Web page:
Local database migration overview for Windows Phone
February 03, 2014
Applies to: Windows Phone 8 | Windows Phone OS 7.1
Starting with Windows Phone OS 7.1, you can store relational data in a local database that resides in your app’s local folder. As your app evolves, you may need to make changes to the schema of your database after the app has been deployed to a device. If those changes are more extensive than adding columns/indexes/tables, you will need to create a new database and migrate data from the old database to the new database. This topic provides an overview of local database migration. For more information about using a local database in your Windows Phone app, see Local database for Windows Phone.
An alternative to migration is a database update. In an update, you can perform additive operations, such as adding columns, indexes, and tables. For more information, see Walkthrough: Updating a local database app for Windows Phone.
This topic contains the following sections.
In some cases, you may not need to perform a data migration. Windows Phone SDK 7.1 provides APIs for upgrading a local database via additive operations. Using the DatabaseSchemaUpdater class, you use the following methods to update an existing database that has been deployed to the device:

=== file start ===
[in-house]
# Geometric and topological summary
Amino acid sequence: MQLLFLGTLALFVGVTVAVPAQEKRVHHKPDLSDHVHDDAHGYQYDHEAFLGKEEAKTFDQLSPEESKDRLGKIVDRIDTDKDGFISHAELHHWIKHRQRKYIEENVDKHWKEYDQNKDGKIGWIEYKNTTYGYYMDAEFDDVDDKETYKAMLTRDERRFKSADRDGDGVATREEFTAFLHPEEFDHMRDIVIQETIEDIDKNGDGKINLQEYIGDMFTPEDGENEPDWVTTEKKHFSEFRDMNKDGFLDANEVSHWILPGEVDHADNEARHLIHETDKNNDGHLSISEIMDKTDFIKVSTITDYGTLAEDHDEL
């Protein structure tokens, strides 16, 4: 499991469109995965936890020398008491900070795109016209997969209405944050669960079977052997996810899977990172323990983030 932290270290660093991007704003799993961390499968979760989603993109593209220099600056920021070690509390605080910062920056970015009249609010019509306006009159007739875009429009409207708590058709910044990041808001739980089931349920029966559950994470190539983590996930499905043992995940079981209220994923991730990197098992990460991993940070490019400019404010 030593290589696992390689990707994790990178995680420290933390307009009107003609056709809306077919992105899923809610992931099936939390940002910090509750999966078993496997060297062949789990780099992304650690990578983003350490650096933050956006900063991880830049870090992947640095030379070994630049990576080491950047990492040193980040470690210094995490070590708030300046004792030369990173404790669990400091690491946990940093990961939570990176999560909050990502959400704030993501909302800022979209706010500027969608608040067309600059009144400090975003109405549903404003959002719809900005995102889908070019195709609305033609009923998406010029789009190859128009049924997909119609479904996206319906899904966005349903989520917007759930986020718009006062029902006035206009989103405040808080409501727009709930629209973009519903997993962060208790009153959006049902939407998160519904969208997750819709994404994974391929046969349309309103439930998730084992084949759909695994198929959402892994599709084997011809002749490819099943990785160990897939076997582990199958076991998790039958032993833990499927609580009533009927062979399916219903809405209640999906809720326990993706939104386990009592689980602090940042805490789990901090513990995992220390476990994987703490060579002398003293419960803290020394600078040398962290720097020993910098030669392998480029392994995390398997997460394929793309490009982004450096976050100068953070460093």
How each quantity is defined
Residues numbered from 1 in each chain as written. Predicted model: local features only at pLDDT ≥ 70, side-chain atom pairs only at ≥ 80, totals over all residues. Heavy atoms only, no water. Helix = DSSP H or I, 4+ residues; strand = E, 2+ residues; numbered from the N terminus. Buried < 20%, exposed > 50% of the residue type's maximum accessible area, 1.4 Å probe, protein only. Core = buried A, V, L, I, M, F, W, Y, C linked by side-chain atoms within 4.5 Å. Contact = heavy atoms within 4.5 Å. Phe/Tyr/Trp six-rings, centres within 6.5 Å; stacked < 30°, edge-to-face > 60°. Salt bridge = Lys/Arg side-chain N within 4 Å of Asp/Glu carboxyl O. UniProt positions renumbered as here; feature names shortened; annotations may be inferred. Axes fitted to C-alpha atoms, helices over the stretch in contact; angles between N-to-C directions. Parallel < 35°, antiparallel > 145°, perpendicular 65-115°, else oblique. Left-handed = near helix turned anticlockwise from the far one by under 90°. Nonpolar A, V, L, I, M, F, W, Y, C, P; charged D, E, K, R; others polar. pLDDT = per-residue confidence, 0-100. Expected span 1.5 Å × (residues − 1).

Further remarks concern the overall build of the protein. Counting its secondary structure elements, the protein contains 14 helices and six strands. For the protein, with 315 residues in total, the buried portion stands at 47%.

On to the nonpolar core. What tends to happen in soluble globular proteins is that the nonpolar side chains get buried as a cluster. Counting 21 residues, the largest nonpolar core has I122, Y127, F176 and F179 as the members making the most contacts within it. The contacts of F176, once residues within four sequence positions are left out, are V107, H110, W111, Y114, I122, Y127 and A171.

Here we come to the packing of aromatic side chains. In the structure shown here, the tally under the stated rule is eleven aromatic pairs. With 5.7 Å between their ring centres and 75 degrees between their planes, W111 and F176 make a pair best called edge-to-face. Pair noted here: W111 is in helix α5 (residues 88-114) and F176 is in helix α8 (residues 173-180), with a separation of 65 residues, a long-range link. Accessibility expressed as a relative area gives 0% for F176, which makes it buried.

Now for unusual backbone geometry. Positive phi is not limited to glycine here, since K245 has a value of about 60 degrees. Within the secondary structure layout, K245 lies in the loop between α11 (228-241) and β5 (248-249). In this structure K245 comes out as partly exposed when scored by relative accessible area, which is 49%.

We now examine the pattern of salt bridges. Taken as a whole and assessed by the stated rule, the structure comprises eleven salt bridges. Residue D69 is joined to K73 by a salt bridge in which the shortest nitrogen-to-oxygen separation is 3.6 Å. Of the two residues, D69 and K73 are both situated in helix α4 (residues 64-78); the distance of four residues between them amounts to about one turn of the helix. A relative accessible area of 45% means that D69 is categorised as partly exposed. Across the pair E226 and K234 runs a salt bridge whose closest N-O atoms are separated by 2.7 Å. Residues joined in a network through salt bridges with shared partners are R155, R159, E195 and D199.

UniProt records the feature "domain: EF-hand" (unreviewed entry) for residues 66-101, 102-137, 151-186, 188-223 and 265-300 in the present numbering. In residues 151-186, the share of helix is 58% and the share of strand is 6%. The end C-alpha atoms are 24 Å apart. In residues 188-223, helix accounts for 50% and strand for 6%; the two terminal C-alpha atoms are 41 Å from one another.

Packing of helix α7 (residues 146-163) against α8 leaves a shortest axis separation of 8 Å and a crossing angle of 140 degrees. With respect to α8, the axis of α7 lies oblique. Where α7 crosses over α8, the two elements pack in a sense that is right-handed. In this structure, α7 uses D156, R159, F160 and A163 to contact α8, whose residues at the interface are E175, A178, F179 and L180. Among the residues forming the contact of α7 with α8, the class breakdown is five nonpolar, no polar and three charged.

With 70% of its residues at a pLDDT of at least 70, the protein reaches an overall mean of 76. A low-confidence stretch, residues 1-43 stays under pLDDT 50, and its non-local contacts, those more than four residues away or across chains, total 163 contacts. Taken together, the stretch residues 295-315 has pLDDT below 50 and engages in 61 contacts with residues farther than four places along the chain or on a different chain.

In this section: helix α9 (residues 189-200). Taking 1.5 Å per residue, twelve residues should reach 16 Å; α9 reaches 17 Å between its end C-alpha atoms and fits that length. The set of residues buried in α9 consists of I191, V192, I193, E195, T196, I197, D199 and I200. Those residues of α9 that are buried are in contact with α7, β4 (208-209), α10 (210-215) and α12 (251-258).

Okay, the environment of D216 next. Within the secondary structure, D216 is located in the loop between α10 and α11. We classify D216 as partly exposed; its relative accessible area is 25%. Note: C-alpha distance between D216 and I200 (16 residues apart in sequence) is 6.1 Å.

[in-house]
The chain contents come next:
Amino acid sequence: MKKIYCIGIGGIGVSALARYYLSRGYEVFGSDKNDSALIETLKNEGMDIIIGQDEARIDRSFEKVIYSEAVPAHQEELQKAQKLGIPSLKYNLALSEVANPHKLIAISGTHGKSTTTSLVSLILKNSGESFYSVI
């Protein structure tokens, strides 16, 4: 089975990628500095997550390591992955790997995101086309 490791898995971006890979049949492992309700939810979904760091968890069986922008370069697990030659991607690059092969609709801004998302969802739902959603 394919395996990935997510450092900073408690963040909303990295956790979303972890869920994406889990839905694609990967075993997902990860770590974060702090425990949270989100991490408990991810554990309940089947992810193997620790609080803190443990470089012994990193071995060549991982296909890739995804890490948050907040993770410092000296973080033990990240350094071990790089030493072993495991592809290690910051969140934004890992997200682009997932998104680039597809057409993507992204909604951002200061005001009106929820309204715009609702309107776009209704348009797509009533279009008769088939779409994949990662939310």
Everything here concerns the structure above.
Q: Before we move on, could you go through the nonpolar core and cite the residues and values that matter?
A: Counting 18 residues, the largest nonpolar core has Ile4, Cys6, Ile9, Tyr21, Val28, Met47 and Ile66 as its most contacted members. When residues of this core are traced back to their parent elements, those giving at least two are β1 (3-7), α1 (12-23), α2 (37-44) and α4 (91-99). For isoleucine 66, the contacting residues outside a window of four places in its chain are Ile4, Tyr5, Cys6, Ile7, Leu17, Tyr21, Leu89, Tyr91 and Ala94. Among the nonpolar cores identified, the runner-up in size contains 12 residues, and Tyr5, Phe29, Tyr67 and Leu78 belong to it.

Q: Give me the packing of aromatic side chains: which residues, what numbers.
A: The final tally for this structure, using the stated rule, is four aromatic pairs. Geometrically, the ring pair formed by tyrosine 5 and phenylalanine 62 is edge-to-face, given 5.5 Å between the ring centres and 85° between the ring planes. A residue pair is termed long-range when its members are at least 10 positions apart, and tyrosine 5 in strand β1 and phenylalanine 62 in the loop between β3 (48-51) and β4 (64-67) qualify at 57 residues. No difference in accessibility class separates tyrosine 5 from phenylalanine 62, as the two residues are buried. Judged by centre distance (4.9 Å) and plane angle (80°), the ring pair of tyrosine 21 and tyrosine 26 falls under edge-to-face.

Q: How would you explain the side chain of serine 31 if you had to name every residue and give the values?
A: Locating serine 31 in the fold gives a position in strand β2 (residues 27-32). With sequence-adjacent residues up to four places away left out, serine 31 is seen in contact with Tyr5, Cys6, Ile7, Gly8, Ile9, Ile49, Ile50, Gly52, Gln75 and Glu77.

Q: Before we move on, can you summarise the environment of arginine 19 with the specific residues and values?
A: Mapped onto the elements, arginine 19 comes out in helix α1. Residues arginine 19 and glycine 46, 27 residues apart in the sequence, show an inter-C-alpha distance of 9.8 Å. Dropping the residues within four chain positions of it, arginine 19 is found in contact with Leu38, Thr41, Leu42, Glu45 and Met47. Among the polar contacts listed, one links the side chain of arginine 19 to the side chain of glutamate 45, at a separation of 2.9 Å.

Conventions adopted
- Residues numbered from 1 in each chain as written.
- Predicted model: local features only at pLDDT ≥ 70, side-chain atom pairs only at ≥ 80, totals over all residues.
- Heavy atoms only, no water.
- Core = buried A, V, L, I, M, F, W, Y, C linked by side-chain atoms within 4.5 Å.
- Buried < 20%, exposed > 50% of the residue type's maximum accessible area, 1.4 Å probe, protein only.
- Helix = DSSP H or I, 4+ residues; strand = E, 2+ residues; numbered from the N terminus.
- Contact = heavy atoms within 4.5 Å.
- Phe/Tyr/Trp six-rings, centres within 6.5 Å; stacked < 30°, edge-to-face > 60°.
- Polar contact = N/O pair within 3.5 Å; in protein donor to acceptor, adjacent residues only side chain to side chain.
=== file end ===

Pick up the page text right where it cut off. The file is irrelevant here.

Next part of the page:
These methods are intended to cover a majority of database schema changes. Because they are strictly additive, changes from these methods are less likely to negatively impact user data.
Rather than perform a database migration, we recommend performing a database update with the DatabaseSchemaUpdater class whenever possible.
The first step in performing a database migration is determining whether one is required. To do this, the app needs to determine if there is a version difference between the database schema defined in its object model and the database schema currently used on the device.
The object model version must be stored somewhere within the app package (either in code or a resource file). The current database version is maintained by the platform and is available from the DatabaseSchemaVersion property of the DatabaseSchemaUpdater class. On startup, the app should check for a mismatch between these values. If the code version is greater than the device version, a migration is needed.
All migration logic should be isolated and encapsulated in one or more migration classes, which are used only to perform the migration. This logic should not be mixed with any part of the app’s object model. If there is a potential that the app will need to handle multiple migration paths, then it should provide a factory class that can return the appropriate migration object. For example, the factory class may have a return object for migrating from version 1.0 to version 1.2 and another object for migrating from version 1.1 to version 1.2. The code devoted to handling migrations will grow in size and complexity in proportion to the number of supported migration paths; consider future app maintenance when making schema changes.